Hall, who was in the starting lineup at catcher on Saturday for the first time since Aug. 16, said he felt a small twinge in his right shoulder after Monday's 13-5 win over the Mariners.
Had the pain been dealt on the field, it might not have caused the stir that it did, but Hall felt the twinge while attempting to hit Jermaine Dye with a shaving cream pie after the game, as it had become something of a tradition for the White Sox. Hall would regularly serve up a postgame pie to the game's hero or postgame interview subject.
Dye saw Hall coming, however, and deflected the shaving-cream barrage. The broadcast showed Hall wince in pain, and immediately the fears of another shoulder injury came to the fore.
It didn't help speculation any that Hall was wearing ice on the shoulder after the game.
"I always have ice on my shoulder as a preventative thing," Hall said. "But it happened to be that night where everyone's like, 'Oh, he has ice on his shoulder.' If they look at me every night, I have ice on my shoulder.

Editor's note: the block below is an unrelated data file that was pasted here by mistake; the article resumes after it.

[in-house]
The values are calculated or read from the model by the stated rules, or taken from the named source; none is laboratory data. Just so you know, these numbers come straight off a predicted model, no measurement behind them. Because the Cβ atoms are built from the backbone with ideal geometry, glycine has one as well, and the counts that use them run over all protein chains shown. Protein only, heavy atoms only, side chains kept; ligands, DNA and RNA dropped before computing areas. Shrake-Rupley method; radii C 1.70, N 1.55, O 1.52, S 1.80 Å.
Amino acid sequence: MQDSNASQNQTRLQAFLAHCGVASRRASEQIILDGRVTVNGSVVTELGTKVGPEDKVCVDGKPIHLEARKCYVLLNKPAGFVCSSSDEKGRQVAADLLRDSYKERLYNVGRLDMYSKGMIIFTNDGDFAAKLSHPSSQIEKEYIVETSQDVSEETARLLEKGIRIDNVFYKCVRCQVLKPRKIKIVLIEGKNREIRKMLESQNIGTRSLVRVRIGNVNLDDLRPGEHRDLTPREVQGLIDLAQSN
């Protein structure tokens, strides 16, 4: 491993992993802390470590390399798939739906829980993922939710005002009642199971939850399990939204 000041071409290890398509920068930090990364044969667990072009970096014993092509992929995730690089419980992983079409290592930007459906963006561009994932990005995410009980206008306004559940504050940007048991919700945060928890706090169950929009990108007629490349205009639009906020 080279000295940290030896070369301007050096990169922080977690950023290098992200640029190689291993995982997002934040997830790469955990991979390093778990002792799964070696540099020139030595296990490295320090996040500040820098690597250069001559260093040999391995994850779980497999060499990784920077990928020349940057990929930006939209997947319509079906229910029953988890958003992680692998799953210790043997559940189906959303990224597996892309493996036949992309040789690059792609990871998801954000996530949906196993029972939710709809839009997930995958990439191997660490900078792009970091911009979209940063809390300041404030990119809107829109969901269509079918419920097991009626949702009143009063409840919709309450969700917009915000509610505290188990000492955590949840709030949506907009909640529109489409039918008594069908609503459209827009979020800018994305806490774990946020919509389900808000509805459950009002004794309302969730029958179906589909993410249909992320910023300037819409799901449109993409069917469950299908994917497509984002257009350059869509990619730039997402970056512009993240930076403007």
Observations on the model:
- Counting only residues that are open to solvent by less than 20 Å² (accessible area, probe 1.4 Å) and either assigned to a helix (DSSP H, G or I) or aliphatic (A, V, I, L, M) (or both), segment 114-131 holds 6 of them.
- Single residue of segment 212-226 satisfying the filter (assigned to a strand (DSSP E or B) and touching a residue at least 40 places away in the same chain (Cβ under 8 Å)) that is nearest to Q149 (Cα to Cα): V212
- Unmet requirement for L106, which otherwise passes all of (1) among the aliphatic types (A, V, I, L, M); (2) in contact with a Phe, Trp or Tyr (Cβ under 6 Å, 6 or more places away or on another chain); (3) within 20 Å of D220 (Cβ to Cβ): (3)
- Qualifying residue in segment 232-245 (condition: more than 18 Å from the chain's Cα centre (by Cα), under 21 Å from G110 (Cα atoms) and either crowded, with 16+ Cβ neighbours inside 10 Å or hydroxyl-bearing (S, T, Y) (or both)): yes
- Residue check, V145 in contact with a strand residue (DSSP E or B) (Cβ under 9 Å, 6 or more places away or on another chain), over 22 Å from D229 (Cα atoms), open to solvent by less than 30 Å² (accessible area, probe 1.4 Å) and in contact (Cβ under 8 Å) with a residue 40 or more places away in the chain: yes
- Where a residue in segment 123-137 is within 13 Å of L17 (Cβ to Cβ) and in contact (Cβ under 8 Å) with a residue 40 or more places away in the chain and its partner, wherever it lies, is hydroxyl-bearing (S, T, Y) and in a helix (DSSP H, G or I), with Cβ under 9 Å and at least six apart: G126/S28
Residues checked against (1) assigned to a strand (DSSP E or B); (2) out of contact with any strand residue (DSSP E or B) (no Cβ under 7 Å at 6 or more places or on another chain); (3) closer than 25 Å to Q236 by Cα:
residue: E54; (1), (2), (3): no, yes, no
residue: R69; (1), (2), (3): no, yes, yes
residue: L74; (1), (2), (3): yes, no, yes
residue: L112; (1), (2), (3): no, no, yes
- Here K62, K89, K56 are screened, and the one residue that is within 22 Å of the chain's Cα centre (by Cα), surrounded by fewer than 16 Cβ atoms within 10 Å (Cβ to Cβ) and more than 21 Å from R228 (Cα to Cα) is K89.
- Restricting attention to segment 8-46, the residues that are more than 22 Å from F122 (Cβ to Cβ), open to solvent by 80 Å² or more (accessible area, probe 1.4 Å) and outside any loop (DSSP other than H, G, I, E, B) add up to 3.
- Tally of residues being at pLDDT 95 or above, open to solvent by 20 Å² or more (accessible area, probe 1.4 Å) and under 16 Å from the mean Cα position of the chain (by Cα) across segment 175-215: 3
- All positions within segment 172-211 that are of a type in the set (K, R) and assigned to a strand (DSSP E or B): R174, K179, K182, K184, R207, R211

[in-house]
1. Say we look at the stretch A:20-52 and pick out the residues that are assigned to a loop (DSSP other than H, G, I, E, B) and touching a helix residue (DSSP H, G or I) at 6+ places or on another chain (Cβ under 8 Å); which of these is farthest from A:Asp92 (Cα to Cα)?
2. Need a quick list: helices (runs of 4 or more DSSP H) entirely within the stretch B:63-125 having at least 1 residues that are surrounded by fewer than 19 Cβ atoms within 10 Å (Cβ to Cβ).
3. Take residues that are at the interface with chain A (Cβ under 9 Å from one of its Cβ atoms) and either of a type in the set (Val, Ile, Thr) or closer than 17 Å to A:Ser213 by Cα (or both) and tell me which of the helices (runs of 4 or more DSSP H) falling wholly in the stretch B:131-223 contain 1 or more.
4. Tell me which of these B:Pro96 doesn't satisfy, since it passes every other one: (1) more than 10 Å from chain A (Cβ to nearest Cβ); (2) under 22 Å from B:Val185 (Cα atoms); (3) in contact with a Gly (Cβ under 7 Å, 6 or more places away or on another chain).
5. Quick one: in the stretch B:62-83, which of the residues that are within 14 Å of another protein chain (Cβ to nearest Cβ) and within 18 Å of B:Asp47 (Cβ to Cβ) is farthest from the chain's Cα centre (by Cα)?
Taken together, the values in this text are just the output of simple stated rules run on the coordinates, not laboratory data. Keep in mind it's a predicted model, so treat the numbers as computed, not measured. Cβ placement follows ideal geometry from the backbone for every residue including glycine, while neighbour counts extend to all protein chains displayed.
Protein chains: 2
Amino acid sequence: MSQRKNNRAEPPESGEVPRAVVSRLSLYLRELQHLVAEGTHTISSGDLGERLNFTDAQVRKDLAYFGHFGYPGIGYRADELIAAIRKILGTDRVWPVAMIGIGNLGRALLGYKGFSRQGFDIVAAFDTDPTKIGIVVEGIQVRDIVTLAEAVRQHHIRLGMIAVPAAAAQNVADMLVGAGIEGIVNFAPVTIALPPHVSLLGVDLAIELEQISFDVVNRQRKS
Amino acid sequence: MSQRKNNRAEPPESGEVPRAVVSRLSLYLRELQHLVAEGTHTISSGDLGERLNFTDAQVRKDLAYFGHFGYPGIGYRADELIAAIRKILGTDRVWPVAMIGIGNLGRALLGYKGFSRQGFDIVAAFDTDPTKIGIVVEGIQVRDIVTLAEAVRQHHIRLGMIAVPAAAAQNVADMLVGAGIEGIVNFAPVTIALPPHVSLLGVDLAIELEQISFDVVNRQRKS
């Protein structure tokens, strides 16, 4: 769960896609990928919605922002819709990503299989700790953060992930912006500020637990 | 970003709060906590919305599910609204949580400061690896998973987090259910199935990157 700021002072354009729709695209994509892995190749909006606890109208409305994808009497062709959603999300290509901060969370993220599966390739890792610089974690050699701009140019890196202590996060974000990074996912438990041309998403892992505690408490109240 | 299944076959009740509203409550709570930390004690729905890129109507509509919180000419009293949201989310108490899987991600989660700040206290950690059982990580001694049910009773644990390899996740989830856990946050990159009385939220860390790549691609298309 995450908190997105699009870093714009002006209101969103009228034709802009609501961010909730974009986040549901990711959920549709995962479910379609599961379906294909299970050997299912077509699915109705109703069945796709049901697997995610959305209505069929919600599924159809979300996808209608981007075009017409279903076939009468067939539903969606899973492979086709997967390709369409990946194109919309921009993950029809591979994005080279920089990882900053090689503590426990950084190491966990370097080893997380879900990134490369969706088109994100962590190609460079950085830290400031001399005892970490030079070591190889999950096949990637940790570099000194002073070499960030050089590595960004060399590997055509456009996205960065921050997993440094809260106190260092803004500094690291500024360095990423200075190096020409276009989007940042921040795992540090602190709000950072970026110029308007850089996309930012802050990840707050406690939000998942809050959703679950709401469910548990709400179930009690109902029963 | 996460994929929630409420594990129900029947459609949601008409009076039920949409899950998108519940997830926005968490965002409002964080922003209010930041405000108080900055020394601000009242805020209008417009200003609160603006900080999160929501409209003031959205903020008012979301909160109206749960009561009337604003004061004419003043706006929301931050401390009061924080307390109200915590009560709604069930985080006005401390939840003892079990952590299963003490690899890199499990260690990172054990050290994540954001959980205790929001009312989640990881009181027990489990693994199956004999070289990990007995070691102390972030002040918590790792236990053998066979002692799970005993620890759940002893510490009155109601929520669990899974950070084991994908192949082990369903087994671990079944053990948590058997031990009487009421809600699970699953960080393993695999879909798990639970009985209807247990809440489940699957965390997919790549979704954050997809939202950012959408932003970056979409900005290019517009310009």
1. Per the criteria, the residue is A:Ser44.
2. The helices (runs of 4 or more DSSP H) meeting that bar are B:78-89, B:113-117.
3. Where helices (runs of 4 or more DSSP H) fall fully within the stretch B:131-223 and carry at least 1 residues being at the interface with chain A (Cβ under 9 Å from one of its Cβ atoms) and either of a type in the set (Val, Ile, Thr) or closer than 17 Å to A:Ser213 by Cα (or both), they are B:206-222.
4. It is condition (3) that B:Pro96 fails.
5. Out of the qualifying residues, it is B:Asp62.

"It was just one of those scares. Just like anything -- if someone pulls their hamstring and all of a sudden you feel a little something, you want to be cautious."
It was caution that kept Hall out of the lineup Wednesday against the Mariners. When day games follow night games, Hall typically gets the start to spell A.J. Pierzynski, but that wasn't the case, so the rumors persisted.
"It was one of those things like any time you had a previous injury," Hall said. "It just caught me wrong and I was like, 'Oh jeez, a twinge.' You look at it and you say, 'Thank God, it wasn't worse.' It was one of those things where it just kind of scared me."
Hall had suffered an injury to the same shoulder during Spring Training in 2007. Hall was playing first base and separated his right shoulder while diving for a ground ball. He opted against surgery and returned to action in late May of that season.
As far as Hall is concerned, the postgame hijinks are on hold for now.
"Yea, I passed that on to [Nick Swisher], though," Hall said with a smile.
David Just is an associate reporter for MLB.com. This story was not subject to the approval of Major League Baseball or its clubs.Less